Premier Kathleen Wynne announced today an increase to the minimum wage,

bringing it to $11/hour effective June 1. She also promised to introduce legislation that will tie future

increases to the cost of living. The Poverty Task Force joined the chorus of labour and community groups

calling for an increase to the minimum wage and although pleased to hear it will be indexed annually to

the cost of living, the PTF is disappointed that the rate remains low. ³A small increase to the minimum

wage is better than no increase, but this move should not be confused with an effective strategy to reduce

poverty,´ says Sheila Cranmer-Byng, Coodinator of the Guelph & Wellington Task Force for Poverty


The minimum wage should go up by a lot more than 75¢. And no, I don’t care what small business says; I care what government does. If business is hurting, let government step in and ease the pain with wage subsidies.

Or, better yet, let’s take a pointed look at the guaranteed annual income. Because the minimum wage is so useless right now that a hike of six bits is not going to make a damn bit of difference.

Consider my friend Doreen …

The Ontario government has announced that the minimum wage will move to $11 on June 1. My colleague Sheila Block has drawn the links between the minimum wage, racialized workers and poor health. But what about the minimum wage and affordable housing?

The short answer: Even with the June boost, an employee working full-time for an entire year would still only earn about half the affordable housing wage – the amount of money required to live in a one-bedroom apartment in Toronto.

The average market rent for a one-bedroom apartment in the City of Toronto, according to the latest survey from Canada Mortgage and Housing Corporation, is $1,035. That number is not much different than the $1,028 in the Greater Toronto Area.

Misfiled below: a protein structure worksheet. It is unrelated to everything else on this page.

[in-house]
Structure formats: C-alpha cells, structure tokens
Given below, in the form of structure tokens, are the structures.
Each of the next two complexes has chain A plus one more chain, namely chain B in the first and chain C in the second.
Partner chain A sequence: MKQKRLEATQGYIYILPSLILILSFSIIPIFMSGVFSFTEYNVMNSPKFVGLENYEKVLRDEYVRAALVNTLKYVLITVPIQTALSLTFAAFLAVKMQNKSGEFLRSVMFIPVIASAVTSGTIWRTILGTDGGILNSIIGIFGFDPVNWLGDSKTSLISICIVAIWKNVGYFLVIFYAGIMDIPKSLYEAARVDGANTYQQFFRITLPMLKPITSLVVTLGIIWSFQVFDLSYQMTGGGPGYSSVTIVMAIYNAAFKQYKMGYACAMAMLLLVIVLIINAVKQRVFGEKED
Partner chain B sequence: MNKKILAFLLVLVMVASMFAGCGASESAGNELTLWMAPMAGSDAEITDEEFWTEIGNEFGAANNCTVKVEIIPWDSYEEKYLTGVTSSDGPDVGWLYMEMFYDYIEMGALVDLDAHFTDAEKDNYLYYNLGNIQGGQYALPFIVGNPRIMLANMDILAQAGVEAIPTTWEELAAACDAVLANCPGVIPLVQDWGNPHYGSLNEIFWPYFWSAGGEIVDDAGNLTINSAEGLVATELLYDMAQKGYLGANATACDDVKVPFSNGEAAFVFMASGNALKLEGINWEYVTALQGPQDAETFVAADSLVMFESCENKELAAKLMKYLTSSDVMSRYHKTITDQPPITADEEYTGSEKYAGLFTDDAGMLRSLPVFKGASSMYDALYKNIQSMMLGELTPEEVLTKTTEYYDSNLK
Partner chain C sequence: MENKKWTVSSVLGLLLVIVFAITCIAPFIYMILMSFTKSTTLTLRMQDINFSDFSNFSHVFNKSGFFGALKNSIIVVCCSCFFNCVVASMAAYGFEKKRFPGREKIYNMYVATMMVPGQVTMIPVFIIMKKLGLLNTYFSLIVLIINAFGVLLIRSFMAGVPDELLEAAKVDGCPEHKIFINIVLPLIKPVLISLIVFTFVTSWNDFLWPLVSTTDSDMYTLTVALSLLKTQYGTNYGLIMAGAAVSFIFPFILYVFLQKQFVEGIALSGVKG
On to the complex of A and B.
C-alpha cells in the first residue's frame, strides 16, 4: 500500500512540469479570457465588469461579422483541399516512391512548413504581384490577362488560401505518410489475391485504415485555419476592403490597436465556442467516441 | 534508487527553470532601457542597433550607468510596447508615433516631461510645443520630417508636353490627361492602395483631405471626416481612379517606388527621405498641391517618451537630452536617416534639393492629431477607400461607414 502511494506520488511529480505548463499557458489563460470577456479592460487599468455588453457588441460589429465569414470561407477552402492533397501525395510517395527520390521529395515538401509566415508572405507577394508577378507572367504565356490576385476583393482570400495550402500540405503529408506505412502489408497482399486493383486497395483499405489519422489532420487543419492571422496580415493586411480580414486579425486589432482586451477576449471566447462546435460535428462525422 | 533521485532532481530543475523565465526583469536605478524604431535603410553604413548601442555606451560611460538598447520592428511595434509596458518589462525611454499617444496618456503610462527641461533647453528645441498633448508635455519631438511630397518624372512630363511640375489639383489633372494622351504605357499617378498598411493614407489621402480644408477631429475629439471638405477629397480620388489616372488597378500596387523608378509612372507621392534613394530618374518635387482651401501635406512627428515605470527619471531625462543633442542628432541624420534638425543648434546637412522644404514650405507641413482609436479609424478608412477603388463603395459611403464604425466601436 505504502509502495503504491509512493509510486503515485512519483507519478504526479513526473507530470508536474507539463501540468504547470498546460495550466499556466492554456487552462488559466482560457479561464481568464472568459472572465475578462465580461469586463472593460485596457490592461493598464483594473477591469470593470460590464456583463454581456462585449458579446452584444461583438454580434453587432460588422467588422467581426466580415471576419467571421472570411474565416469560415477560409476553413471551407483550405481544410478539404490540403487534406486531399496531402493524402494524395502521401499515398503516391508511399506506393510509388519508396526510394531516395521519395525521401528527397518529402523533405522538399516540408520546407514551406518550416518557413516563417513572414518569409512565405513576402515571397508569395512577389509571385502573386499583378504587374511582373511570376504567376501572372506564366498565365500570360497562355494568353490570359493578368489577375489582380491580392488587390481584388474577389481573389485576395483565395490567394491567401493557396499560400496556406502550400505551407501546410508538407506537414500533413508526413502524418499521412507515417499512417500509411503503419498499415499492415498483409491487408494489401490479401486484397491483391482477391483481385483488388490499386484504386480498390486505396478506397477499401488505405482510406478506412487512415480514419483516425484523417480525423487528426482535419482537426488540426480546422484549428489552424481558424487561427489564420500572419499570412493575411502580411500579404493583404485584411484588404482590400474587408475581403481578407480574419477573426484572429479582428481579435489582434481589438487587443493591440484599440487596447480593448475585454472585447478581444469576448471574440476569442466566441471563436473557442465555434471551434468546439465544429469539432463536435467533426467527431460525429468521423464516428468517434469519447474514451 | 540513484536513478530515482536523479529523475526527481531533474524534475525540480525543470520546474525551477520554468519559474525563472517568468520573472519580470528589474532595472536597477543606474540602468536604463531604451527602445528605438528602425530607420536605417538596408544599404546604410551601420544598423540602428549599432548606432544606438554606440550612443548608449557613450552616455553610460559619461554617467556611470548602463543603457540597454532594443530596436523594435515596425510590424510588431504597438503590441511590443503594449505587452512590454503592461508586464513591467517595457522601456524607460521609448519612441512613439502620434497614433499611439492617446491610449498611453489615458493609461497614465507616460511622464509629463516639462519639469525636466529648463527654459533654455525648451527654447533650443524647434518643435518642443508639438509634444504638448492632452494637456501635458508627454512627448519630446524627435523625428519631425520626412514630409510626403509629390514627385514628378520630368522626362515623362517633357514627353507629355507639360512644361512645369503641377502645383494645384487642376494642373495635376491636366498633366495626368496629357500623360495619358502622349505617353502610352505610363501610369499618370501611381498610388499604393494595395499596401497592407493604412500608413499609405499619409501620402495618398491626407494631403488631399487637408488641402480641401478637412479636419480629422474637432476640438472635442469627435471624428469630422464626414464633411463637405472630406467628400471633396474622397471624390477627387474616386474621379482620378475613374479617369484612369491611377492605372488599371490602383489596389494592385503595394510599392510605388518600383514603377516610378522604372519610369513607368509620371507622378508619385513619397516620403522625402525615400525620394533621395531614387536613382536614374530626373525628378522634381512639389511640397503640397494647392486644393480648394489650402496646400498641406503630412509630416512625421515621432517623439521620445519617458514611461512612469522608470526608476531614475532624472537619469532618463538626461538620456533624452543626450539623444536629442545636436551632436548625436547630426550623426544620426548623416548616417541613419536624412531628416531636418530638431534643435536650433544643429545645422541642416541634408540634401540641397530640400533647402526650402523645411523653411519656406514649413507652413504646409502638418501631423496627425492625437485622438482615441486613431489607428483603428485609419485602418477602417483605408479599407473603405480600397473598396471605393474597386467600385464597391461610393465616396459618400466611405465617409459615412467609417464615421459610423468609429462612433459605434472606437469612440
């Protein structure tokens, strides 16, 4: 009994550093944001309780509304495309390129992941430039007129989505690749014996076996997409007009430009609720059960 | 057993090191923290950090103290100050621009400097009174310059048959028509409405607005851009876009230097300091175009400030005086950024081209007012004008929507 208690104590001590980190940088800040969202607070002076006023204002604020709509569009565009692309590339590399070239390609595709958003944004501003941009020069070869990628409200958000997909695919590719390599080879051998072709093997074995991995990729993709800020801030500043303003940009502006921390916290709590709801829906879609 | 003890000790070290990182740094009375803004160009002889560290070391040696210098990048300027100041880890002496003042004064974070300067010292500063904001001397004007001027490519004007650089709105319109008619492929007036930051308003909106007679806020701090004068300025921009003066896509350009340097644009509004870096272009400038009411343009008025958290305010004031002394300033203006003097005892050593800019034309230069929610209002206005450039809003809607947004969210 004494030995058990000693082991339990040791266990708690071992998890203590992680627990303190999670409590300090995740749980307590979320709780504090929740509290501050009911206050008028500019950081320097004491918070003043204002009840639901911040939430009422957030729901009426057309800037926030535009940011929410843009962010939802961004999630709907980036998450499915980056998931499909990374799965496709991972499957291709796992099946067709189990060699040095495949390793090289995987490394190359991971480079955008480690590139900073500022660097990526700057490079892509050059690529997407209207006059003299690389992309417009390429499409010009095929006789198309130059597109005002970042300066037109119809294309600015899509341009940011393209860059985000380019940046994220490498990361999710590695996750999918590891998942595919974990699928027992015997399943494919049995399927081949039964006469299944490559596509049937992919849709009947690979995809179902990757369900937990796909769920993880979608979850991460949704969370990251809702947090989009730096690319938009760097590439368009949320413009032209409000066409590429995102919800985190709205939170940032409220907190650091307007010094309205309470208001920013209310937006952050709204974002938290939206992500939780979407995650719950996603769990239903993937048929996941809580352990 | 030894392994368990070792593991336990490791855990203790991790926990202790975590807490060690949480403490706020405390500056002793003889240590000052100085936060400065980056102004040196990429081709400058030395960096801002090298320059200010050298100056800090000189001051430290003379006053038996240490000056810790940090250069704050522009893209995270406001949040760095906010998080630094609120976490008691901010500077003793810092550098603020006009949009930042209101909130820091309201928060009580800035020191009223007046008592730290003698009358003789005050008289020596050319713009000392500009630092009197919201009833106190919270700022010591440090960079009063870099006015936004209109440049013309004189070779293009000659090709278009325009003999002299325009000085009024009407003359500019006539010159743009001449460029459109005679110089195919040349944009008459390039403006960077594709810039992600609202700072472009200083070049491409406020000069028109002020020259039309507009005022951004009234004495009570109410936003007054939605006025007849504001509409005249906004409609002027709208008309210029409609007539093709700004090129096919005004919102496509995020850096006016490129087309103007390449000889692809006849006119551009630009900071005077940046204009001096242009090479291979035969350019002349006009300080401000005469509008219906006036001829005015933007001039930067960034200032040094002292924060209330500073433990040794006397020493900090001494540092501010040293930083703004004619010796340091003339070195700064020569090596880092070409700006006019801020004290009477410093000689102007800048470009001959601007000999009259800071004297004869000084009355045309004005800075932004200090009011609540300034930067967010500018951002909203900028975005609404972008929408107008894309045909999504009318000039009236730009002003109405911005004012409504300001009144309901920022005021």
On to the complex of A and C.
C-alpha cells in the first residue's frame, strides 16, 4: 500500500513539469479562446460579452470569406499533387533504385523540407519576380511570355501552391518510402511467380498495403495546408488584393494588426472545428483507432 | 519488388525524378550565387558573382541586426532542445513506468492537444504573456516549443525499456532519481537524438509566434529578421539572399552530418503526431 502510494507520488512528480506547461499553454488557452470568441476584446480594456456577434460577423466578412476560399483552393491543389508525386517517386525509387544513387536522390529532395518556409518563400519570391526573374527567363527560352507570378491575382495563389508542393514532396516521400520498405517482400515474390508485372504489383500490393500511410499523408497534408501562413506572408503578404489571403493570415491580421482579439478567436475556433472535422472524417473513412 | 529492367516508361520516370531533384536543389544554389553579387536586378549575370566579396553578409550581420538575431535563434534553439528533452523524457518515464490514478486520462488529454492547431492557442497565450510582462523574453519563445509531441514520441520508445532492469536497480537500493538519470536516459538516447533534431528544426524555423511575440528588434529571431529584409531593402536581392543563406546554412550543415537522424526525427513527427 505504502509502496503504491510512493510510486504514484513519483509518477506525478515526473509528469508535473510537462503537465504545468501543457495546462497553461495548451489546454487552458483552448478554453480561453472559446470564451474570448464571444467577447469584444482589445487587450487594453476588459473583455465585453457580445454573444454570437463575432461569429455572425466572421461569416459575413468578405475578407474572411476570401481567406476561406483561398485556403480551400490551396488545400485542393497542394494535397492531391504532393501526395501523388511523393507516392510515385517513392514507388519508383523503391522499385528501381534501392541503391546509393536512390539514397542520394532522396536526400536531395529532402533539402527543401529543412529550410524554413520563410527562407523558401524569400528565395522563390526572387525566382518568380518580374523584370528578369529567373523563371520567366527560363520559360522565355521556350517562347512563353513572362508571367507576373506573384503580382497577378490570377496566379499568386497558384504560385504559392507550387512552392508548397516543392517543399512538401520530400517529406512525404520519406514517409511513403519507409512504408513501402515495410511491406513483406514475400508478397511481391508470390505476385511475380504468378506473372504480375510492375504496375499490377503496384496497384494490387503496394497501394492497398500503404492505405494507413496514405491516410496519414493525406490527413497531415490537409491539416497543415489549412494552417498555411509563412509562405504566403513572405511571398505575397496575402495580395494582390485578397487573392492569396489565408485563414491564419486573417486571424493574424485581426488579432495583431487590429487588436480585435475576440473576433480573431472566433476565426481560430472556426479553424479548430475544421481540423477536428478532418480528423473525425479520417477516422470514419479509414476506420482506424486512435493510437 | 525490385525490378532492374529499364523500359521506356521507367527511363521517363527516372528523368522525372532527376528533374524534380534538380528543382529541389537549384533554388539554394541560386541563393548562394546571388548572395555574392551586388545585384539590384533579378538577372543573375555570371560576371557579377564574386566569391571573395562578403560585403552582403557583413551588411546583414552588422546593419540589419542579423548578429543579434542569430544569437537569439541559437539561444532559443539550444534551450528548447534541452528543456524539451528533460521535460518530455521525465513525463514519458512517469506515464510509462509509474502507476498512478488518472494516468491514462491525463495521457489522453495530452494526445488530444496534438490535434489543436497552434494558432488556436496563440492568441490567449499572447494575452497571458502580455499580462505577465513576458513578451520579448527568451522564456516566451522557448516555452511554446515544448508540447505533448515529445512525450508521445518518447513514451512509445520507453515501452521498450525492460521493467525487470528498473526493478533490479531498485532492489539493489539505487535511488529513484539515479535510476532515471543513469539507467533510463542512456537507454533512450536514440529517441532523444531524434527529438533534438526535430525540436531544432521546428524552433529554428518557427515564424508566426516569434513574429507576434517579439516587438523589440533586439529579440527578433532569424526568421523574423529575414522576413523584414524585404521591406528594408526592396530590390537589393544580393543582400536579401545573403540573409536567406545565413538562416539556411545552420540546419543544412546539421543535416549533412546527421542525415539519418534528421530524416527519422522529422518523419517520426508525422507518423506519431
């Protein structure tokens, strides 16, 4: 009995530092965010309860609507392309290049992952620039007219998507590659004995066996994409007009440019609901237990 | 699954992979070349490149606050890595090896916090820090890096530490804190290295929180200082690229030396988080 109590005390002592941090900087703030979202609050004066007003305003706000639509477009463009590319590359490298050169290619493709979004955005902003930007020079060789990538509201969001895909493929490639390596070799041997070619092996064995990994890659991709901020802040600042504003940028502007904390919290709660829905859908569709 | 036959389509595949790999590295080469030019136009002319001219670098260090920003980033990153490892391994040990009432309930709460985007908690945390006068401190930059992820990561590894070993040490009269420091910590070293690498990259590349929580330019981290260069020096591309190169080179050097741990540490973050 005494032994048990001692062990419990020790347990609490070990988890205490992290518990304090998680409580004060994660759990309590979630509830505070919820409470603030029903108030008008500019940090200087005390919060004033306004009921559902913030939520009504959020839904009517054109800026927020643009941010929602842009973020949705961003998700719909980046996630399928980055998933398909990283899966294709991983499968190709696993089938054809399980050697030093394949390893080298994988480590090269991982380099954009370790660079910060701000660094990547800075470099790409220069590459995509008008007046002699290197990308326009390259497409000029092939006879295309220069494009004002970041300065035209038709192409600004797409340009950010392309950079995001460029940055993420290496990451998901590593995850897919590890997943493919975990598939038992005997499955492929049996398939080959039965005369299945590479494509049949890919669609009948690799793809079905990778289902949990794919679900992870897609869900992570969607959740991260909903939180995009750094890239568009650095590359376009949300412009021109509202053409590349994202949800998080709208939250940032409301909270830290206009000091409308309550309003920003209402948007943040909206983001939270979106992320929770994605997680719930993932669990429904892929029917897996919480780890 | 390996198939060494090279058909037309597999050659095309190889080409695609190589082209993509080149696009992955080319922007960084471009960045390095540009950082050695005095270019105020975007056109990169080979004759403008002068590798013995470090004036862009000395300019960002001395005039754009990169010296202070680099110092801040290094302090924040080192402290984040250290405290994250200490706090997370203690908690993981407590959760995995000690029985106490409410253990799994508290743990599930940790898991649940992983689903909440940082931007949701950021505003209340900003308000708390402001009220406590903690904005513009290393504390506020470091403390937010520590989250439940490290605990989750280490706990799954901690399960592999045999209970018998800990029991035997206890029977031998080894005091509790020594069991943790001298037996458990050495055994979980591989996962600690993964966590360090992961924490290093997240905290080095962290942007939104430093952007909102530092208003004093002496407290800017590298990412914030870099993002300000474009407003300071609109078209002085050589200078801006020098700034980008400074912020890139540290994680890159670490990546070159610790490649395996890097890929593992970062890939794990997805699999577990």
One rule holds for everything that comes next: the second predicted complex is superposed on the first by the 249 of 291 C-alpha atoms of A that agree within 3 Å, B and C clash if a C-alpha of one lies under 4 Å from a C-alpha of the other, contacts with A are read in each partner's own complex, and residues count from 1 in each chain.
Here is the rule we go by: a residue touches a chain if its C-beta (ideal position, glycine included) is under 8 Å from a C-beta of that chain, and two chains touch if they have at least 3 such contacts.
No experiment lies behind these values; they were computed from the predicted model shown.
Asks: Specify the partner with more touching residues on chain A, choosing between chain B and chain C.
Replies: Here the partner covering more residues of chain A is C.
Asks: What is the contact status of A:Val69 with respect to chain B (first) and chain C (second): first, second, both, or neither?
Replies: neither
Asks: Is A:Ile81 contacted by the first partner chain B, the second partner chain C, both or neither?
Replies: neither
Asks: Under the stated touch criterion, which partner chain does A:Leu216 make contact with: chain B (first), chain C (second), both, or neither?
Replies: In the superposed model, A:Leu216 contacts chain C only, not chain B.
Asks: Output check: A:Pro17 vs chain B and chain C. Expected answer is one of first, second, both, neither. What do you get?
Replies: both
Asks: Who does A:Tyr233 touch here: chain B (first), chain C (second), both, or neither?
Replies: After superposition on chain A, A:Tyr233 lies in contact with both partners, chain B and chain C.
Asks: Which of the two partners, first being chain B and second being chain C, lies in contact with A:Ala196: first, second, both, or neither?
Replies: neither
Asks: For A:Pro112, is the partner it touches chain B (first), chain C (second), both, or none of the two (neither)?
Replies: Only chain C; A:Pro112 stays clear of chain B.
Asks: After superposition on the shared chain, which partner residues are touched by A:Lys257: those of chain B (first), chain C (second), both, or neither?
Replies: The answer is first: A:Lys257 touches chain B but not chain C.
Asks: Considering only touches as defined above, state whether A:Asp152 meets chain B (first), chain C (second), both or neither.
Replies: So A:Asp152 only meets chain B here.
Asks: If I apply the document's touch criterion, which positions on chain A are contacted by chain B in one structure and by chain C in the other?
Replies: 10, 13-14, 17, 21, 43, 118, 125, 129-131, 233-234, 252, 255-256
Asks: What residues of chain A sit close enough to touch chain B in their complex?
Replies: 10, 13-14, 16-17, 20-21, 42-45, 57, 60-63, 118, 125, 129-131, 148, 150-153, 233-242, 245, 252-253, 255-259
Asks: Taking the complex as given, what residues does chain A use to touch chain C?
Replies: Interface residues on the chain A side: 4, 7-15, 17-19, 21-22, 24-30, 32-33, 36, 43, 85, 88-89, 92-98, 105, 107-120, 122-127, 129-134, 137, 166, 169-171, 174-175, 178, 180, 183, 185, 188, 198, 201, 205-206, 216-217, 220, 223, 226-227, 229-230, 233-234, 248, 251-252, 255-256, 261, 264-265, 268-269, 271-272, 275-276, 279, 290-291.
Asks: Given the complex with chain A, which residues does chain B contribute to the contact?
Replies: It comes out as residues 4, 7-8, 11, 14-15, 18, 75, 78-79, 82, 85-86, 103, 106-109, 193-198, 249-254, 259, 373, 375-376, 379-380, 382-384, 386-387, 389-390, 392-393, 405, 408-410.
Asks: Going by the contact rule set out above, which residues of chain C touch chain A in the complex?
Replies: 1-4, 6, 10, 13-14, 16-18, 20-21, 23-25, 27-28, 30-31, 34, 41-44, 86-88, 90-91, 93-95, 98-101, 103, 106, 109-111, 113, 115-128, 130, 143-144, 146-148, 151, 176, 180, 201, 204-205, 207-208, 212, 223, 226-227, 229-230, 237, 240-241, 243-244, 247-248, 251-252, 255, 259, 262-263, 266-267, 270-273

The same day that it was reported that Jim Pattison’s net worth had reached an estimated $7.39 billion, up $1.25 billion from last year, a man on the street in Victoria asked me to buy him a breakfast sandwich from a fast food joint.

When I told him I was working on a series of articles about inequality, he said Liberals and Conservatives are all the same and that it’s tough for socialists to get elected, even though that’s what’s needed to address the issue.

To say there is inequality in British Columbia and in Canada is to state the obvious. While the wealth of our richest is the stuff of fawning headlines, the stories run beside others about the persistence of child poverty and the continued reliance of many on food banks.

The Board of Health passed a resolution last night asking the Ontario government to increase minimum wage and social assistance rates. Currently, the rates are too low to cover the costs of living, including the ability to purchase healthy food. Progress has been made in recent years by the Ontario government through the Poverty Reduction Strategy, but more must be done to ensure adequate incomes to support food security.

In 2013, the cost for a family of four to eat healthy for one week in our district was about $193.38, an increase of 2.7% since 2012. When this cost is combined with rent rates and other living expenses, many people do not have enough money to make ends meet. This prevents many Ontario families from raising healthy kids.

Representatives of the Cambridge and North Dumfries Social Planning Council provided Cambridge city council with the good, the bad and the ugly Monday night in presenting its annual Community Trends Report.

Getting down to basics in the essential areas – food and shelter – the all-time highs are disturbing.

The report found the cost of food in 2012 increased significantly, making it more difficult for people on low incomes to afford to eat.

At The Bridges, Cambridge’s homeless shelter, 8,000 more meals were served during 2012 than in 2011. The total number of dinners served for the year was 40,233.